Videos from early March of O’hare Airport in Chicago when Americans were trying to return to the US (2 minutes)
As we head into the weekend set aside to honor our war dead, we are nearing and will pass another milestone number of victims of the coronavirus. If we have not reached one hundred thousand dead in the United States from the corona virus as you read this, we will very shortly. That will be a number we will roll over like a speed bump on our way to who knows how many.
100,000 is a huge number of most everything. This is a number that has been arrived at in a very short time. There seems to be some quibbling about just when the first coronavirus death occurred in the US. It seems that the actually pandemic in the US really started with a death in Seattle on February 29th. That means that in just short of 3 months some 100,000 people have died.
In WWII the US lost about 415,000 soldiers to the war. In 3 months we have lost a quarter of what we lost in WWII. Now that we are going through a major wave of “re-opening” we can surely expect a new wave of infections and deaths.
The administration has very clearly shown that they have no concern for your life or mine. It will be up to you and I to take care of yourselves. Keep covering your face and keep your distances.
And Columbia University says ………
A study by Columbia University says that at least 36,000 of the deaths due to coronavirus could have been stopped, possibly more had social distancing and other measures gone into effect just one week earlier.
Other experts in the middle of April said 90% of the deaths (that means 90,000 people) could have been avoided had avoidance measures gone into effect two weeks earlier.
Now the message coming from the White House and most state houses are that things are good enough to crank up the economy again. If things happen like they did previously in March and April we will be talking about 200,000 dead on Labor Day.
Memorial Day, 75 Years Ago
Imagine if you will, the feeling in the United States 75 years ago as the country observed its first Memorial Day after the surrender of Germany in Europe. There was still a war being waged in the Pacific, but the war in Europe was finally, thankfully done. The horror of the war was very fresh in the country’s mind. Many families were mourning the loss of family members who paid the ultimate price for their country.
The country was also reeling from the death of the man who had been the president that pulled the country out of the depths of the Great Depression and then led them against the Axis. Yet with the vanquishing of Germany and Japan appearing to be near defeat there was a reason for great optimism underneath that somber Memorial Day.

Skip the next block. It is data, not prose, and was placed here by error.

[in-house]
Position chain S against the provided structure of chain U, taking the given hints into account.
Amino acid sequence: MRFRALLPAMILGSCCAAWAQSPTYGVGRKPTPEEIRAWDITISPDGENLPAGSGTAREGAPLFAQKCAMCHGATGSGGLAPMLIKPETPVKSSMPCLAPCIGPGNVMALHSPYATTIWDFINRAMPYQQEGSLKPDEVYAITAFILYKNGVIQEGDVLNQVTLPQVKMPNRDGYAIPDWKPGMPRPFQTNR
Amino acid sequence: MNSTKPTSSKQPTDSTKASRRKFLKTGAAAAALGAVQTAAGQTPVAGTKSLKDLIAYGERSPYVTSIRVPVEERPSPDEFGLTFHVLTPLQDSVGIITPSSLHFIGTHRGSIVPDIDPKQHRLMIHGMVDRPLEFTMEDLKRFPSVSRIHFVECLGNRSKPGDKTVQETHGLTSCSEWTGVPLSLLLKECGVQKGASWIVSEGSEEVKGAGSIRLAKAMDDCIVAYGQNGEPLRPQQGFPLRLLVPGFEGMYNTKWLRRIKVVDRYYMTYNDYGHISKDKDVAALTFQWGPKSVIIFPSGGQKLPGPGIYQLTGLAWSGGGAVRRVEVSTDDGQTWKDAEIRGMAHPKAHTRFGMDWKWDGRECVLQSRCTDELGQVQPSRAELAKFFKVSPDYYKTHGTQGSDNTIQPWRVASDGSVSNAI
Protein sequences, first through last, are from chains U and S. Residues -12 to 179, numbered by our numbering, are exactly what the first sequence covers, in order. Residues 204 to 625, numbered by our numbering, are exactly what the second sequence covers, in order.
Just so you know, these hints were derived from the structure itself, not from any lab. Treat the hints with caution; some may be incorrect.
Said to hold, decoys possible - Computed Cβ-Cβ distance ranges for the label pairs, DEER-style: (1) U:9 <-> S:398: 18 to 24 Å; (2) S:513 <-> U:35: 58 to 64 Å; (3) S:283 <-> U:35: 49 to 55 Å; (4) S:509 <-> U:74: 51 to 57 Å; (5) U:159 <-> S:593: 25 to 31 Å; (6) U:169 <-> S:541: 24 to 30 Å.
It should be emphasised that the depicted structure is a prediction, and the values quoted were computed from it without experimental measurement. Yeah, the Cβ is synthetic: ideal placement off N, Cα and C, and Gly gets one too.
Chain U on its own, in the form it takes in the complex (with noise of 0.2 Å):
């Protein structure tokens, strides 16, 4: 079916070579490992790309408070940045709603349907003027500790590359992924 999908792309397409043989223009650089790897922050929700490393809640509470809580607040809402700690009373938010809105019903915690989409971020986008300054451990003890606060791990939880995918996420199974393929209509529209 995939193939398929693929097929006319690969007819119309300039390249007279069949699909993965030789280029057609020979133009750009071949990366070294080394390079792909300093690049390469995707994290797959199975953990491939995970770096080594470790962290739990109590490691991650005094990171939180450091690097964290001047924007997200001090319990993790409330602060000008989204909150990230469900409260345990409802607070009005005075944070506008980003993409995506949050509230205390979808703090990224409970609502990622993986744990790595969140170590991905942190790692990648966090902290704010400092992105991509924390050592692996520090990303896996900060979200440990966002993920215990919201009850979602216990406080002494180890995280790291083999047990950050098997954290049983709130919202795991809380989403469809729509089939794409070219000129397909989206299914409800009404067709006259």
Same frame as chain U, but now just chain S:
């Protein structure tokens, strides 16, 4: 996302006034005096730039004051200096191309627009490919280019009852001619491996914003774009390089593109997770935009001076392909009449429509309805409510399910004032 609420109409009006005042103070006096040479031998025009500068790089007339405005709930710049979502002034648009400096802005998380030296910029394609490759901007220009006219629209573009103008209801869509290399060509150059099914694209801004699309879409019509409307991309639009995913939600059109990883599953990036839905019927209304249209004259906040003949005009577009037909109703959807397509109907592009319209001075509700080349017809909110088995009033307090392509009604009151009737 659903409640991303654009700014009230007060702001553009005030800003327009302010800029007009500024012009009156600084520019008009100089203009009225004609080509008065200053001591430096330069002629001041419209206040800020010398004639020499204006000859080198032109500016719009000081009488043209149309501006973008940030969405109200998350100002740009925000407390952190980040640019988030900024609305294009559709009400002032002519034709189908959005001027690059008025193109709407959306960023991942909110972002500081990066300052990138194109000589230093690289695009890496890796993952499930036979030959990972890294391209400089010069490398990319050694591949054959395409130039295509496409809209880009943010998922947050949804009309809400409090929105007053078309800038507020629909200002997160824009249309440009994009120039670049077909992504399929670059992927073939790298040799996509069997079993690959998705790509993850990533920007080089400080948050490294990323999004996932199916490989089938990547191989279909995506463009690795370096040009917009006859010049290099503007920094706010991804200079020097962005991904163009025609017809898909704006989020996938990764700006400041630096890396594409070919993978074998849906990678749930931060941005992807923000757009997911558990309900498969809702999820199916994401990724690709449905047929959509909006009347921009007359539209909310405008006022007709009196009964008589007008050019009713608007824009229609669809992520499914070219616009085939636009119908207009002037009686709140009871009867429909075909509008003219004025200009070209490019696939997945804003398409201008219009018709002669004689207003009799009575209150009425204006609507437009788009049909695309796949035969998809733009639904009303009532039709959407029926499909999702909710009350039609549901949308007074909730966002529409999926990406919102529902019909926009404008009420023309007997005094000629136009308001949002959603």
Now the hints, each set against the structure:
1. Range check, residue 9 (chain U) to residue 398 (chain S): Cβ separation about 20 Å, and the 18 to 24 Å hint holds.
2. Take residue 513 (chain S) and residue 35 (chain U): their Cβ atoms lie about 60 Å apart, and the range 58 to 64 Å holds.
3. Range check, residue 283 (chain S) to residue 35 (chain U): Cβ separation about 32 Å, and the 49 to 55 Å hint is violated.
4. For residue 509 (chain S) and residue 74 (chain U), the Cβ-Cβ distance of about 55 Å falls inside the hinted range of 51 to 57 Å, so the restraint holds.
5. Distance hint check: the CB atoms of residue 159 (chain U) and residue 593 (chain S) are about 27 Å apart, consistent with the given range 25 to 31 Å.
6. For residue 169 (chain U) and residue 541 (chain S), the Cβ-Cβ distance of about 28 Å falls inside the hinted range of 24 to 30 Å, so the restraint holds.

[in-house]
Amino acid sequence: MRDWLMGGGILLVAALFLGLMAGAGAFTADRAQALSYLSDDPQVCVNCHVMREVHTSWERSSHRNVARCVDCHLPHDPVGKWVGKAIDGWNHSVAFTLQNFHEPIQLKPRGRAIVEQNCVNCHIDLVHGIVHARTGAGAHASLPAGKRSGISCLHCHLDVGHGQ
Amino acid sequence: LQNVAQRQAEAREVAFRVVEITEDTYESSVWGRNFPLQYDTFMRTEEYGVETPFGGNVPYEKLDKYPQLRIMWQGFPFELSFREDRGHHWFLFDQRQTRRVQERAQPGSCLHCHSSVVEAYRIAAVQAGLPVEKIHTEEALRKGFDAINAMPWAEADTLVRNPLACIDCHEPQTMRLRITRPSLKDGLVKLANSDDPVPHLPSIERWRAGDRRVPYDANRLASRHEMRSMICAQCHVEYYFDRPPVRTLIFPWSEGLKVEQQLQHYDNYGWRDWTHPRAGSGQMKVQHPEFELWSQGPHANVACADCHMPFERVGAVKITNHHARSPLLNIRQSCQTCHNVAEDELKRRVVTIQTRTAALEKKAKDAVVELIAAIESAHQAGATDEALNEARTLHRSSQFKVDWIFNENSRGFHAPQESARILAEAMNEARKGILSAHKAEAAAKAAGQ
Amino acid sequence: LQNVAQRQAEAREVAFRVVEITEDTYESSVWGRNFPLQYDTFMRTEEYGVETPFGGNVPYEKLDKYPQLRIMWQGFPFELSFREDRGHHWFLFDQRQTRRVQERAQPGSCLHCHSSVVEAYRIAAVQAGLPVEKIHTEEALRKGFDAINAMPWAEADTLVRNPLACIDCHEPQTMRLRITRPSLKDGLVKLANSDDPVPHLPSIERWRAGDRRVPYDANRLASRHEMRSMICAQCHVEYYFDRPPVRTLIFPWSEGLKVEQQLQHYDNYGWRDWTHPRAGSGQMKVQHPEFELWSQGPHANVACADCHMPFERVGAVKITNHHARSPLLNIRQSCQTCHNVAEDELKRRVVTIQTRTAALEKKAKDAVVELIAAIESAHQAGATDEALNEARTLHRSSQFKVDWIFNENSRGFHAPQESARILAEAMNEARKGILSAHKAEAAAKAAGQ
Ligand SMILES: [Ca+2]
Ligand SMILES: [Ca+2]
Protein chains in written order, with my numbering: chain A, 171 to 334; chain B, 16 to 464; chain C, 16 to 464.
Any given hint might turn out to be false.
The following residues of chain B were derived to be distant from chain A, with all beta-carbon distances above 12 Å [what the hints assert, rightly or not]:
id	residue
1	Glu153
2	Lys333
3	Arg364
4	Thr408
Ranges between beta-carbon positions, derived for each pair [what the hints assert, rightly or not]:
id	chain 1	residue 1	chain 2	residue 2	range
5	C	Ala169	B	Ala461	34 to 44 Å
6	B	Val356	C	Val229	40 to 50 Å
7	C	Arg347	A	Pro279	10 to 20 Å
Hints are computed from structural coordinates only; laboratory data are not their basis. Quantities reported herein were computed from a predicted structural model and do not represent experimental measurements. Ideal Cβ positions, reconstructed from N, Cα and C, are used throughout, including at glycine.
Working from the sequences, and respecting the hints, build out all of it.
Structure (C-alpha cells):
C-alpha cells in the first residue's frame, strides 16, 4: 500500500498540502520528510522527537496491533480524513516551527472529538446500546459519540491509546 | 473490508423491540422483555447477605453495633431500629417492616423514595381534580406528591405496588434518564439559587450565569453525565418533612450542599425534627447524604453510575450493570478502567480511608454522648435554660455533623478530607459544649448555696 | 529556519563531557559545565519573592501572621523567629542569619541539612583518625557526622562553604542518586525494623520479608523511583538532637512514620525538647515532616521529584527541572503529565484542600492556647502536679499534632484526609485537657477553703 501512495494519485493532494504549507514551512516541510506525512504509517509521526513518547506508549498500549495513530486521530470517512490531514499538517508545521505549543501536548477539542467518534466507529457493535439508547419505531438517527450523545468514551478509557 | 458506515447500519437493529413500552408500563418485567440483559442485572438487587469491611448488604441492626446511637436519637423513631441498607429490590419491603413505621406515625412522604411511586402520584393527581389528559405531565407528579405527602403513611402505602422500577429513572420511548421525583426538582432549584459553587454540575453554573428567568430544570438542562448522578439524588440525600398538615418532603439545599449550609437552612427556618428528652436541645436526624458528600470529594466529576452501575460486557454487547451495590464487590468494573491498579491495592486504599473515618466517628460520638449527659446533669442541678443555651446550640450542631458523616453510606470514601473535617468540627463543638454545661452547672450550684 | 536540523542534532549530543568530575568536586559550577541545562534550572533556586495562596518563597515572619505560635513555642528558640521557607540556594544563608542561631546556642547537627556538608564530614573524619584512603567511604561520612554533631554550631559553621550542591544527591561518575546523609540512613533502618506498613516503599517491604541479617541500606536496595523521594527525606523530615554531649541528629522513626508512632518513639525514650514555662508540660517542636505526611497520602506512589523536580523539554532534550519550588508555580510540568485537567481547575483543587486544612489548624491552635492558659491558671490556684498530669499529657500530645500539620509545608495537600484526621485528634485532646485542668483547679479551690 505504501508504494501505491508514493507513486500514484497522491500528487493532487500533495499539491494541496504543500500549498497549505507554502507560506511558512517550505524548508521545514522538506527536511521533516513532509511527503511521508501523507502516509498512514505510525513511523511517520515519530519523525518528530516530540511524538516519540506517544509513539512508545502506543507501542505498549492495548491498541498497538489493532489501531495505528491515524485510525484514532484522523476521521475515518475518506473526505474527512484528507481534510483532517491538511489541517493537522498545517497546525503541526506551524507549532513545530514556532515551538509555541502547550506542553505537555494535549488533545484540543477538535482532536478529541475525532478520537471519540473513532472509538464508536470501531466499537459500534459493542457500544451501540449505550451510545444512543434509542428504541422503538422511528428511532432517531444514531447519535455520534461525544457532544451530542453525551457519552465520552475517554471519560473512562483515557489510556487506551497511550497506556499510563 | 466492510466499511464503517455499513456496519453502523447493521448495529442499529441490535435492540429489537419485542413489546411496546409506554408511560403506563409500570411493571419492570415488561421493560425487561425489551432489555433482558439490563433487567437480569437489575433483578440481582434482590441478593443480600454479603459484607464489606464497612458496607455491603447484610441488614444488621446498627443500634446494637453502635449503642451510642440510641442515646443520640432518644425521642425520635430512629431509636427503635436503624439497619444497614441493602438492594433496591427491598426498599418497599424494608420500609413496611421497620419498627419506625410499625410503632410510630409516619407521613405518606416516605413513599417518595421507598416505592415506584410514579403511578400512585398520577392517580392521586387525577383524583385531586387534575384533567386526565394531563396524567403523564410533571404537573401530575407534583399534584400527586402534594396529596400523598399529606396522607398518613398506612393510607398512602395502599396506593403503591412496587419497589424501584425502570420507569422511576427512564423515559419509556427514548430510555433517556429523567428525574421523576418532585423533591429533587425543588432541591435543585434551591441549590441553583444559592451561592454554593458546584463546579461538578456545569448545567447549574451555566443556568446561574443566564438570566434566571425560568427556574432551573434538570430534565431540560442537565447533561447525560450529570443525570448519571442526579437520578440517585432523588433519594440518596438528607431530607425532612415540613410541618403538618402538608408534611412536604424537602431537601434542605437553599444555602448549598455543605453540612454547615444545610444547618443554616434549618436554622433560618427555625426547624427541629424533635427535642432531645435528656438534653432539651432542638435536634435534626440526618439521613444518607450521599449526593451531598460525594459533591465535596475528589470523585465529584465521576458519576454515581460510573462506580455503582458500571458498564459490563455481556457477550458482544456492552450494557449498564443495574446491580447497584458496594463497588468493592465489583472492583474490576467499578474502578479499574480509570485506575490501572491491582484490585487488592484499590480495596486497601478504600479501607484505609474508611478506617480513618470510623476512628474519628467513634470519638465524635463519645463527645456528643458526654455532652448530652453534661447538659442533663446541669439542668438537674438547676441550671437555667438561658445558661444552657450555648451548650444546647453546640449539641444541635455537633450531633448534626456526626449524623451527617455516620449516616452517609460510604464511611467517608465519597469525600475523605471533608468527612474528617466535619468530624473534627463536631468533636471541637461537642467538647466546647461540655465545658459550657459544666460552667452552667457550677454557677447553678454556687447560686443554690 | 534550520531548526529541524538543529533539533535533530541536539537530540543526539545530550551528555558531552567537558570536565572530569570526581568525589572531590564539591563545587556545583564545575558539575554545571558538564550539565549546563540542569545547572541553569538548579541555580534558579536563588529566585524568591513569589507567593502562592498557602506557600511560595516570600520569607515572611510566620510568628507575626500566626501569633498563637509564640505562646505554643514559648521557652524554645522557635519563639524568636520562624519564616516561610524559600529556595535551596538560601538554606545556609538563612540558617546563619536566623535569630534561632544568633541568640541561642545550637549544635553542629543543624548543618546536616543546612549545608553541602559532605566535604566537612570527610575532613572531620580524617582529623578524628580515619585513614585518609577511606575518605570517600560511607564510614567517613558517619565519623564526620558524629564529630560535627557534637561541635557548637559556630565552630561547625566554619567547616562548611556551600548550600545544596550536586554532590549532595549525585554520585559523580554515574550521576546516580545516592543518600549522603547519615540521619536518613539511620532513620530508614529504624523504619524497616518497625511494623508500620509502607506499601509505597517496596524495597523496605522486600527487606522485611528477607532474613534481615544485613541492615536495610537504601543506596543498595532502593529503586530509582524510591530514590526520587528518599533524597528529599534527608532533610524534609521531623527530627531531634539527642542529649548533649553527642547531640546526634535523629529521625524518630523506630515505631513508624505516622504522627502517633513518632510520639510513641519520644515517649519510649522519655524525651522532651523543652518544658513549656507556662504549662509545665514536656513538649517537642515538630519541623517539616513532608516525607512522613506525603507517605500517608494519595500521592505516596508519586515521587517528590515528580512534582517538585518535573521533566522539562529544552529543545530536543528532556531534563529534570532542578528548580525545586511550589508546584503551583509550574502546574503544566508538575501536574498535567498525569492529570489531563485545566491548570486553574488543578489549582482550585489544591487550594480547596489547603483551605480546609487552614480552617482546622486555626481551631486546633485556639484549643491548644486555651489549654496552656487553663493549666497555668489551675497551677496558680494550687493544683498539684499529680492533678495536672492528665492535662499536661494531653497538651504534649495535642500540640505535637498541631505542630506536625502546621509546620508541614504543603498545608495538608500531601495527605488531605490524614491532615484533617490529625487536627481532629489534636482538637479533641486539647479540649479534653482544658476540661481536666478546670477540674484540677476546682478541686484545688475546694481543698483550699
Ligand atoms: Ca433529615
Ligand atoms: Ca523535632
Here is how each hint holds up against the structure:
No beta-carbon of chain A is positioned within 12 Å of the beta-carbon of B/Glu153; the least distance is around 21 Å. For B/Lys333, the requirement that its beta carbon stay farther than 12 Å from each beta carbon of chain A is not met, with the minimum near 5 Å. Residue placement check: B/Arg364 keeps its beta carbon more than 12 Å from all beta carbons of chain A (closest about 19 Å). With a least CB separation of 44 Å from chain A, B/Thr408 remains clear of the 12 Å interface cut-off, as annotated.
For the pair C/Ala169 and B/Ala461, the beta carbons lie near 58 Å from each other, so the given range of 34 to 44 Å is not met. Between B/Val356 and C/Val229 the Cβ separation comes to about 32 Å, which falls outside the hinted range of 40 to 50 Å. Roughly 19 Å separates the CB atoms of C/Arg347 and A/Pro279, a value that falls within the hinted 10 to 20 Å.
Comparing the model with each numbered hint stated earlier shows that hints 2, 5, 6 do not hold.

And Joni Ernst Says – Trump Has Done Well!
Well, my teeth nearly fell out when I read this statement from our current senator Joni Ernst:
When asked how President Donald Trump’s handling of the coronavirus pandemic might impact her reelection race, Iowa Sen. Joni Ernst was confident his response to the public health crisis will help her secure a second term.
“I think the president has actually handled it quite well, so I think it helps,” Ernst said, according to CNN. “I think he took some really great initial steps … the left was just hammering him on that and it was the right thing to do. And so, I think the president has done quite well.”
If 100,000 dead and no plan leading to fractured chaos across the country is “doing quite well” then what in the hell would your idea of doing bad be? My guess would be how Obama handled the ebola crisis in 2014. Nine cases with two deaths. That was some bad crisis management because it was done by a Democratic president.
Tying your campaign to a lead anchor and then throwing it overboard doesn’t seem like a really brilliant campaign strategy. I can hardly wait to see the debates where I hope we see some real journalists ask you to explain why 100,000 dead when 90% didn’t have to die is “done quite well.”
Don’t Forget The Primary!
From the Secretary of State’s web page:
Returning the Ballot
You can return your voted absentee ballot by mail. Absentee ballots received in the county auditor’s office by the time the polls close on election day are eligible for counting. Absentee ballots received after the polls close on election day must be postmarked by the Monday before election day or earlier and received in the county auditor’s office no later than noon on the Monday following the election.
Got that? Get that ballot in the mail this week to be sure your vote gets counted!